UNTITLED is ferocious to present a new solo show of work by Henry Taylor.
Remarkably prolific, Taylor began painting seriously at the California state hospital where he worked as a psychiatric nurse for ten years. While still in school, he developed a style that was both understated and nuanced and began working, more or less, compulsively, painting people he'd find on the street and becoming a fixture in downtown LA. Since then, his studio has had a fairly constant flow of friends, neighbors and strangers, all sitting for portraits.
For his show at the gallery, Henry will install an African hut, a large-scale sculpture built in part from the miscellany stashed in his studio and inspired by a recent trip to Ethiopia. The piece is a hodgepodge of random and found objects ranging from clusters of Chinese brooms, a disrobed mannequin, and a taxidermied hyena. Made in the same spontaneous spirit as his paintings, the hut is a kind of carefully curated randomness, both a departure and expansion of his style.
The exhibition highlights Henry’s recent movement beyond canvases, building upon his “African Jungle” made of broom sticks, painted detergent bottles and old furniture (with a few paintings buried inside as well) first shown at LA’s Blum & Poe gallery and currently on view at MoMA PS1, as part as the artist's mid-career retrospective. Above all, the new work is a strange social space (its main structure can fit about eight full-grown adults inside), a kind of extension of Henry’s studio that speaks volumes about its creator. It is calculated chaos, simultaneously jarring and welcoming.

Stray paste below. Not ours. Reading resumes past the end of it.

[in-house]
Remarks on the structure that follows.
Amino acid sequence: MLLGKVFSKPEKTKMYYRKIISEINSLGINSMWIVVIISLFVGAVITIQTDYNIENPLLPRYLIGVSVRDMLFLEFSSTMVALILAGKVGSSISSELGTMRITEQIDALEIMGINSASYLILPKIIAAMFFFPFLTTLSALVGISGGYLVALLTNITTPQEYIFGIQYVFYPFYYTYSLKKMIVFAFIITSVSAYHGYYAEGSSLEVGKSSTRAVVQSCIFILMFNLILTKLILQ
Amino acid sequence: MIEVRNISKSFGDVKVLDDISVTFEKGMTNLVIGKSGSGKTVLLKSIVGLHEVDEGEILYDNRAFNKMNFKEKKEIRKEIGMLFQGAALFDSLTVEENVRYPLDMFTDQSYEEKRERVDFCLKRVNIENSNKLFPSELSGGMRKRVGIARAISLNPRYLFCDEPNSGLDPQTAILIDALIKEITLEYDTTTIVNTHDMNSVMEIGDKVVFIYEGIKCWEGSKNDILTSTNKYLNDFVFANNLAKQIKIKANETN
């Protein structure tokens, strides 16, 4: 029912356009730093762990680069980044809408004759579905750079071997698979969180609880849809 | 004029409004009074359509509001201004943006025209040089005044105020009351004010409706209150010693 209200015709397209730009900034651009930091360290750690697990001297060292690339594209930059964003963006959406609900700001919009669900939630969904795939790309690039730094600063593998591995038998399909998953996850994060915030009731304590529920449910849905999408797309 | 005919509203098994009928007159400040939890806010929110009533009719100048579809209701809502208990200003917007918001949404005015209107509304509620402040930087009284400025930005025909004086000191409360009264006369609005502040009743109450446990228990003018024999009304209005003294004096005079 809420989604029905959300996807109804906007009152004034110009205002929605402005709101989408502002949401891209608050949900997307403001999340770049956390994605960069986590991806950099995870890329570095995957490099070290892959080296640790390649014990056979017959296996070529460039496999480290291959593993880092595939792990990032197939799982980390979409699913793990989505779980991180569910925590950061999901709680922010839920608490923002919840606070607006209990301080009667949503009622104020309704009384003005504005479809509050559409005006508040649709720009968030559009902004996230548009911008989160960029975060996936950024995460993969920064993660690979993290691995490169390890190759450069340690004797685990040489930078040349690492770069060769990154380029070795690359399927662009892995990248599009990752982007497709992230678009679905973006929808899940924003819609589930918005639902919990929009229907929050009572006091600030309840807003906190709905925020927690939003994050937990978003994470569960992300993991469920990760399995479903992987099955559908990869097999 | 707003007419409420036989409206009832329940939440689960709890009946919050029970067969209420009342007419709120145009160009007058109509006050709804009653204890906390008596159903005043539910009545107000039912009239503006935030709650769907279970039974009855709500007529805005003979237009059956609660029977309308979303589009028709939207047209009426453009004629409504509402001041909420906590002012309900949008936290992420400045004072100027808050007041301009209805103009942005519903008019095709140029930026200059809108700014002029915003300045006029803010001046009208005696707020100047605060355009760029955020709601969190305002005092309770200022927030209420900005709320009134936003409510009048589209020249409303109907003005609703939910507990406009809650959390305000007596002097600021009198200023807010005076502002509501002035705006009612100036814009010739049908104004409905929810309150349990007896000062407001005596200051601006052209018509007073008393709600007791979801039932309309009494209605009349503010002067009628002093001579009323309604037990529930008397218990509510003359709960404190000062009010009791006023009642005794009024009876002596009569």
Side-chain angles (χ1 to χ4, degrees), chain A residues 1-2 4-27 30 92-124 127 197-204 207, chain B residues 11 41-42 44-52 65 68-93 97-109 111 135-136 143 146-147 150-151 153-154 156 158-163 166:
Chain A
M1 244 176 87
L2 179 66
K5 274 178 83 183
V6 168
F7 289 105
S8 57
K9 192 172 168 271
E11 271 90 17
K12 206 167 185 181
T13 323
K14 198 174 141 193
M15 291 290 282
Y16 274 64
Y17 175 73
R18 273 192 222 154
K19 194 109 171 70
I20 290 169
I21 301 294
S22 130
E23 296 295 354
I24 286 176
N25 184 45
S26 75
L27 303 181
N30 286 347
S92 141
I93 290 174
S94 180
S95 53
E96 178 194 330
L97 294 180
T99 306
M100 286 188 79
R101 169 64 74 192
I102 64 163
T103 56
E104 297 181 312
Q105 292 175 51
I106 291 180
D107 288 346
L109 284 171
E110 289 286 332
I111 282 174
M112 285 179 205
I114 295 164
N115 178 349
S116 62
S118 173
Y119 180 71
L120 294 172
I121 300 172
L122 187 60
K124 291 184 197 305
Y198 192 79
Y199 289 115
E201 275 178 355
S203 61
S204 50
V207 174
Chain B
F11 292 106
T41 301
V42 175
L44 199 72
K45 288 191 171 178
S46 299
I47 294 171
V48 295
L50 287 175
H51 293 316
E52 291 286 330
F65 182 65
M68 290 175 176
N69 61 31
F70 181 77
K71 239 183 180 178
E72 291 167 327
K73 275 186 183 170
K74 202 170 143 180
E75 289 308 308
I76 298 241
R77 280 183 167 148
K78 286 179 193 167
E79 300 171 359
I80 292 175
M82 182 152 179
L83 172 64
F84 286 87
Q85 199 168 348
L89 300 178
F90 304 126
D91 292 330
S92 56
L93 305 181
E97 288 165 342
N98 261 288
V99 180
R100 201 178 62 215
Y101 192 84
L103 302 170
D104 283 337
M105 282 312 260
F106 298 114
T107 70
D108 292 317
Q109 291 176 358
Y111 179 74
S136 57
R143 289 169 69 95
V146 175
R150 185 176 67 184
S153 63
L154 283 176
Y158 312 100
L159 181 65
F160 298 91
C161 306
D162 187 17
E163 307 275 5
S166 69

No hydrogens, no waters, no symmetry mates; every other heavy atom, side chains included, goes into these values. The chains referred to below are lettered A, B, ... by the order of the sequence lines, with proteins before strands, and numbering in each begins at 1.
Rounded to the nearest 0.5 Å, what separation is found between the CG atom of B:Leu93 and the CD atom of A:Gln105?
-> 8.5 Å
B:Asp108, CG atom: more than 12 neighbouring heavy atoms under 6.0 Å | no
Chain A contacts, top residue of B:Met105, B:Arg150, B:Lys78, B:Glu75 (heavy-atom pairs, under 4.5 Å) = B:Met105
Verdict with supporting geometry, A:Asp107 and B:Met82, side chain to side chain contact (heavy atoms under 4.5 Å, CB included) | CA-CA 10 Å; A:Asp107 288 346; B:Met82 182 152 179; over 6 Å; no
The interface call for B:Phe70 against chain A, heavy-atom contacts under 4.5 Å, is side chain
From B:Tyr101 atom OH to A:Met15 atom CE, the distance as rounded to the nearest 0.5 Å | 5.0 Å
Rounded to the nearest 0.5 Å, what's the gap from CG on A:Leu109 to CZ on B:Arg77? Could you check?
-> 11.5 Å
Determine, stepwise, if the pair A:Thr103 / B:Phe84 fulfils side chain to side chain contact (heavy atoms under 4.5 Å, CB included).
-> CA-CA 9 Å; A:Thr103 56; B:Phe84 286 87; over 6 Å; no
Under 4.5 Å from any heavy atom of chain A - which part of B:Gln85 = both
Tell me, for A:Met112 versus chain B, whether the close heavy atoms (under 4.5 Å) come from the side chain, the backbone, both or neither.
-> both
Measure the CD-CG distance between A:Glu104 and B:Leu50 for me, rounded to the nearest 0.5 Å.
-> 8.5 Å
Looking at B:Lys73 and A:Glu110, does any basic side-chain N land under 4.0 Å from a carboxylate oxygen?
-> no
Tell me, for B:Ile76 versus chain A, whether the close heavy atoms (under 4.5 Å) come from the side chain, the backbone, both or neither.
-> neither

Henry Taylor (born 1958, Oxnard, CA, lives and works in Los Angeles) studied painting at California Institute of Arts. He was included in 30 Americans, a survey of the most important African American artists of the last three decades organized by the Rubell Family Collection and recently on view at the Corcoran Museum of Arts in Washington DC. He has had solo shows in LA at Sister, Blum & Poe and Mesler & Hug and, in New York, at Rental Gallery, the Studio Museum in Harlem and, most recently, MoMA PS1.